Sunday, April 2, 2006

Death and Taxes

Well, here's my absolute favorite question on this year's tax return: "Are you deceased?" I know what they mean — they want you to check the box if you're filing for someone deceased — but I'm just going to inform the IRS right now that once I'm dead, I'm not paying taxes anymore. I don't care if it's illegal, cause what's the government gonna do to me? I'm dead. Are they gonna dig me up and throw my rotting corpse in some federal prison? I'd like to see that. Really, I would love to see taxpayer dollars spent exhuming my corpse and putting it on trial. I might even commit a crime on my deathbed just so that happens. I really hope there's a heaven and I get a good vantage point from there.

And I'm aware that I won't be able to take it with me, but I resent the hell out of having to pay for this war in Iraq ($251 billion and counting, despite initial projections of a $50 billion price tag) or no-bid contracts for a Chinese conglomerate to run nuclear detection equipment at U.S. ports or our multi-trillion dollar national debt. I'm not going to take the awfully brave position that taxes in America are too high... just that they're too high for me. I live pretty comfortably, but on paper, I'm below the poverty line so I'm a little surprised that TurboTax thinks I owe the government a thousand dollars. Especially since 61% of American corporations payed no taxes — but probably a good chunk of change to their lawyers hunting for loopholes in the tax code — during the boom years of 1996 to 2000.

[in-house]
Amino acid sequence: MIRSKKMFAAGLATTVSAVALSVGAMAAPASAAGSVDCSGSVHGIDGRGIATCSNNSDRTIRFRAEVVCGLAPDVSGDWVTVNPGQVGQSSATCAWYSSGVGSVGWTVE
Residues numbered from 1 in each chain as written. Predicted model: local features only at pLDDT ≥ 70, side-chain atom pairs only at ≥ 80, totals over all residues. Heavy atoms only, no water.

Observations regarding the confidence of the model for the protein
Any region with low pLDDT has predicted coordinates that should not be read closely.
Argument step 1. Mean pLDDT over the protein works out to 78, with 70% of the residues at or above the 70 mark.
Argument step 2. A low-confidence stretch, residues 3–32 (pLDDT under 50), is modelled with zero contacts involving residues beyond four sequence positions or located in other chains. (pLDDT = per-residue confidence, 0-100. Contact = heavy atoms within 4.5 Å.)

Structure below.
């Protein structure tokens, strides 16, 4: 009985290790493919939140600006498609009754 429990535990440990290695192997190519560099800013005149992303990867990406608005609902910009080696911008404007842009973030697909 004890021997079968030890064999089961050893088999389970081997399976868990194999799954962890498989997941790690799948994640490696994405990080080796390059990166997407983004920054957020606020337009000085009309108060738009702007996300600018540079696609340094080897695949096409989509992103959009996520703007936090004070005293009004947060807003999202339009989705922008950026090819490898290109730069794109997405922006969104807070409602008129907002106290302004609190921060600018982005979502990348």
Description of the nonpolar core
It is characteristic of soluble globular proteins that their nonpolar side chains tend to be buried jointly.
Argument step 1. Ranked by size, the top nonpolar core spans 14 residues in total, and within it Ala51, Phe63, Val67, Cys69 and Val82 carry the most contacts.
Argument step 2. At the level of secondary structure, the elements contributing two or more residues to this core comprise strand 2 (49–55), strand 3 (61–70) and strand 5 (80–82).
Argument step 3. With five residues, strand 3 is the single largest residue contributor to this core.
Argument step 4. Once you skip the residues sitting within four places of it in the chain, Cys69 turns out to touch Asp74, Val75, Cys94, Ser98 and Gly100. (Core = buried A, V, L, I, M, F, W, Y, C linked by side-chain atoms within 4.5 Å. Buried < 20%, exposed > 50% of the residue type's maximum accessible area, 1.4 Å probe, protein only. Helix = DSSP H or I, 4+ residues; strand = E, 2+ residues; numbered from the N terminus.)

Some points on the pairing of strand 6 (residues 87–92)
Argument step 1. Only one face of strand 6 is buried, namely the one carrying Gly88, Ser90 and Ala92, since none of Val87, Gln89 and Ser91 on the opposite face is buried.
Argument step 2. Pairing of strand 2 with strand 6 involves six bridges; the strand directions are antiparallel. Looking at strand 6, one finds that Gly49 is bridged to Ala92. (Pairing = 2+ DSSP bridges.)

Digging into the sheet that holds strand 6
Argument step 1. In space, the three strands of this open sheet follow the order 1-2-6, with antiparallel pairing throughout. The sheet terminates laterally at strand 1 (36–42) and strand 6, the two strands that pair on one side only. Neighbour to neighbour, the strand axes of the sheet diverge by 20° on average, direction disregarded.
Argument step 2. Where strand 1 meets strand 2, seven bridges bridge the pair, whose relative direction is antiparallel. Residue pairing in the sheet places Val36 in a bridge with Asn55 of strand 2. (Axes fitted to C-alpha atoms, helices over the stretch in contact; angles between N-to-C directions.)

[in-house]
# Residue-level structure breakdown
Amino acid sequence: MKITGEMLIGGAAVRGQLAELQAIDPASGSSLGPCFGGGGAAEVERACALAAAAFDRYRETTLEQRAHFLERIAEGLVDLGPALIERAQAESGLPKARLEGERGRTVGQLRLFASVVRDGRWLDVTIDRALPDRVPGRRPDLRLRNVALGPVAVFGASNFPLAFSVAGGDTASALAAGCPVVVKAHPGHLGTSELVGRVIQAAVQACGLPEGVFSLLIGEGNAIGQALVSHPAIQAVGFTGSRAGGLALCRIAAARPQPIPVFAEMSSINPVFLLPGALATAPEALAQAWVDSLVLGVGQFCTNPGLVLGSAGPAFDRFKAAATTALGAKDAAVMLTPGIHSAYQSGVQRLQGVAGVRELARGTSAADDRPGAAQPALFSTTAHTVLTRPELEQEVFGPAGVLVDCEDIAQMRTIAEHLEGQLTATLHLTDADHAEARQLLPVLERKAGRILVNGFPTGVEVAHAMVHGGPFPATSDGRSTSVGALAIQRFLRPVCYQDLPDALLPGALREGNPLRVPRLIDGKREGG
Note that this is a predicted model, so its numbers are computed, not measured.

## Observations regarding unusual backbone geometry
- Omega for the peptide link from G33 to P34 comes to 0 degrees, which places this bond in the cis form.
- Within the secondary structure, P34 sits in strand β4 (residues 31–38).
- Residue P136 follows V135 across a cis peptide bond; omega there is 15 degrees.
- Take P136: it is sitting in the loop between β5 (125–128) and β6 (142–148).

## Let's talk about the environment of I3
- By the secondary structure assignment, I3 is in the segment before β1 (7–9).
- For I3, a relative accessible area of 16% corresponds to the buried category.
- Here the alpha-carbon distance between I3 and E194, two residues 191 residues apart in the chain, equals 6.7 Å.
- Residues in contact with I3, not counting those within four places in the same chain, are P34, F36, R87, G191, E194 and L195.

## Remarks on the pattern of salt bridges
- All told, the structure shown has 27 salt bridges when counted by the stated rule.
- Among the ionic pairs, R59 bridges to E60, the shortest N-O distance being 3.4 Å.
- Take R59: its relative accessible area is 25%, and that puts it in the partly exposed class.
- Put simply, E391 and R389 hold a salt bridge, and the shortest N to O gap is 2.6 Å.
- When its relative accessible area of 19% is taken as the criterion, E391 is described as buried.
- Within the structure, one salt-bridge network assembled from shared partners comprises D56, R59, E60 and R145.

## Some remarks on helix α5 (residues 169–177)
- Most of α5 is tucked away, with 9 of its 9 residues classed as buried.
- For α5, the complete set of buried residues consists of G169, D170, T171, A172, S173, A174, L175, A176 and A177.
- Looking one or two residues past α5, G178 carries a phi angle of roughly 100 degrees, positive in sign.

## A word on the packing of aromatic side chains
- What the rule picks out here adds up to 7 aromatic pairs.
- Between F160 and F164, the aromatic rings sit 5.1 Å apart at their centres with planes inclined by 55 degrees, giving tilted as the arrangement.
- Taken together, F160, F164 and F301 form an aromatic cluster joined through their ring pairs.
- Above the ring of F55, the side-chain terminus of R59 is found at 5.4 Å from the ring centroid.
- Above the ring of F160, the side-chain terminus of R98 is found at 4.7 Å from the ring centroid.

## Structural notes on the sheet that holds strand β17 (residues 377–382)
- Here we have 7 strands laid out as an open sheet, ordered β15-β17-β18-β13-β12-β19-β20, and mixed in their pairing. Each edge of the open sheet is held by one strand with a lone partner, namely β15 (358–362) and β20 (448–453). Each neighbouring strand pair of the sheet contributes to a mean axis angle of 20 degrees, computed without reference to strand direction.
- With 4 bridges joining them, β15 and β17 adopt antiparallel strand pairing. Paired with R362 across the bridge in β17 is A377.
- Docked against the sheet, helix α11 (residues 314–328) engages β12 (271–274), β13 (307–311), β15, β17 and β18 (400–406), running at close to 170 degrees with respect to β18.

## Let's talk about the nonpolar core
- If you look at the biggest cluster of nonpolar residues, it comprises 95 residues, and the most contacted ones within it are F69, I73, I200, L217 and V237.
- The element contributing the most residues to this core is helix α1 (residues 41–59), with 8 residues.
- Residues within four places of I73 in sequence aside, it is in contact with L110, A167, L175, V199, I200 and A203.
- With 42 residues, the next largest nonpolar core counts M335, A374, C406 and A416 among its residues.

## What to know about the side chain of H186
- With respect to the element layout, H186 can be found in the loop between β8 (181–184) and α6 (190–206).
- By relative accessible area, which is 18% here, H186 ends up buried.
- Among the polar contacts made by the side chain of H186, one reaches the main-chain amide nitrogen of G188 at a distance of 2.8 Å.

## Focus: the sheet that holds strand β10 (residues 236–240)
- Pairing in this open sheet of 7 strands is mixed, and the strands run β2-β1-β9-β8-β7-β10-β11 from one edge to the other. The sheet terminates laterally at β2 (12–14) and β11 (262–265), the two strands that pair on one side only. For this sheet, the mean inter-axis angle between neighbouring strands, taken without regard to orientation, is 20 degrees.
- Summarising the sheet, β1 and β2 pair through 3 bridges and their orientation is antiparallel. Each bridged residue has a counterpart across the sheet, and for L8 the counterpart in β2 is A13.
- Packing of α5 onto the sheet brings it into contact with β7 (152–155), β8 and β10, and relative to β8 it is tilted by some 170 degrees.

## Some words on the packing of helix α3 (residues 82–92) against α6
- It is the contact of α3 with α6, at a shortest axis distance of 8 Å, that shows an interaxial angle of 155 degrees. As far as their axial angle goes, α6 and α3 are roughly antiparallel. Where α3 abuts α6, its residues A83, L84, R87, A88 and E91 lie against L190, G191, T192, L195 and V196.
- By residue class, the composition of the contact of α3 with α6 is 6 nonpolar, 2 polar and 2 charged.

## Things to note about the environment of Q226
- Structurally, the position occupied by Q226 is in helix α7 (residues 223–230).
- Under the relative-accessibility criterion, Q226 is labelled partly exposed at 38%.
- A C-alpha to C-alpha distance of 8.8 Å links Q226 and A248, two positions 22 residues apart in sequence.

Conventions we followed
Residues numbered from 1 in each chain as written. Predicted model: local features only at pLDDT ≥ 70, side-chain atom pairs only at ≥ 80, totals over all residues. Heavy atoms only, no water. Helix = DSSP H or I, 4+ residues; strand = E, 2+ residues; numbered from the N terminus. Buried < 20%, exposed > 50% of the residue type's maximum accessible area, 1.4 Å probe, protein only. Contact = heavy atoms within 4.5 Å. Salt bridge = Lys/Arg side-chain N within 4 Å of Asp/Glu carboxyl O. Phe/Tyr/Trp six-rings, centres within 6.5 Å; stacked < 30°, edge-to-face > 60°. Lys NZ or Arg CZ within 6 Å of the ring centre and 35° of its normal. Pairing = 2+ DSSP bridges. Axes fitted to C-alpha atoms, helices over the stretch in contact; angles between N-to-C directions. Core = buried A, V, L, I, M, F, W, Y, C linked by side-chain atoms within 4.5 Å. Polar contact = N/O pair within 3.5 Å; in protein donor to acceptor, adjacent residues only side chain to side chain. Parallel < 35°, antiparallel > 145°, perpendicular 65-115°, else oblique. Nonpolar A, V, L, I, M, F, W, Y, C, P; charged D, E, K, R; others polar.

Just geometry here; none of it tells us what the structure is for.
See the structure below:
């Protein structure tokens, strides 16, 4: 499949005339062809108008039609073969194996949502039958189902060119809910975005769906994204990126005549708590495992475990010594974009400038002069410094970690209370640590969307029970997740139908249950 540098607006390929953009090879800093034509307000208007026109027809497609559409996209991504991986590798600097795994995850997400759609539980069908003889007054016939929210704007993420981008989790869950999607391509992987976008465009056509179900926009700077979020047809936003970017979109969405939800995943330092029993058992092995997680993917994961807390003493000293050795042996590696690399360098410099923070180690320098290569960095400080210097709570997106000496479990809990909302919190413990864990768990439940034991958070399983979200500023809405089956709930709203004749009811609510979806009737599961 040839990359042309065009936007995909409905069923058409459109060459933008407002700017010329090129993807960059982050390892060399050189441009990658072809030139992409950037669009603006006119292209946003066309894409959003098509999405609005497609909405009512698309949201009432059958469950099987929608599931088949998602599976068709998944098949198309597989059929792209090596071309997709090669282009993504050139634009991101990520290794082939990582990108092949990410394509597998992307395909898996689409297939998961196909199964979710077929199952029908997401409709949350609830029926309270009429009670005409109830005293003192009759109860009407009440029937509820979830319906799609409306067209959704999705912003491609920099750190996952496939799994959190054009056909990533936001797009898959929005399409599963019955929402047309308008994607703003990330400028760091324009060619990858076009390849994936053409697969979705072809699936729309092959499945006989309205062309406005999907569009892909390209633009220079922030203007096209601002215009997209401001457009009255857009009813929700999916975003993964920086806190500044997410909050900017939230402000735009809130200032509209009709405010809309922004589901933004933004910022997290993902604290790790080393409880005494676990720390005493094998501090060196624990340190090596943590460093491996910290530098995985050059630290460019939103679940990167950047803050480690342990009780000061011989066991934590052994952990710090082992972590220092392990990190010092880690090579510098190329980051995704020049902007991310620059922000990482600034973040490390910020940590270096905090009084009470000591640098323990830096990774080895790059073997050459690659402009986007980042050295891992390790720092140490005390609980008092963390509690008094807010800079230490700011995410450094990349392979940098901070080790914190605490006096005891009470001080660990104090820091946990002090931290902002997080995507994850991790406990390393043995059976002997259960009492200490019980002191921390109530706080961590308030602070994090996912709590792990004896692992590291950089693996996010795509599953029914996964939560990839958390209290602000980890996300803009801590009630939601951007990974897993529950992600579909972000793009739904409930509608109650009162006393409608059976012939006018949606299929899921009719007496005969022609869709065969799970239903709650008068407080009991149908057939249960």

I imagine in a world of moral certitudes, it would simply be unpatriotic to search for obscure deductions in your spare time or to hide your money in Vanuatu or Liechtenstein, but it's harder for me to come up with a good reason why I should pay taxes when Halliburton doesn't pay a dime.

Oh, and don't get me started on old people and the social security tax. Like, what has an old person ever done for me, besides holding up the bus for five minutes while they're trying to climb those three steps and pay their fare.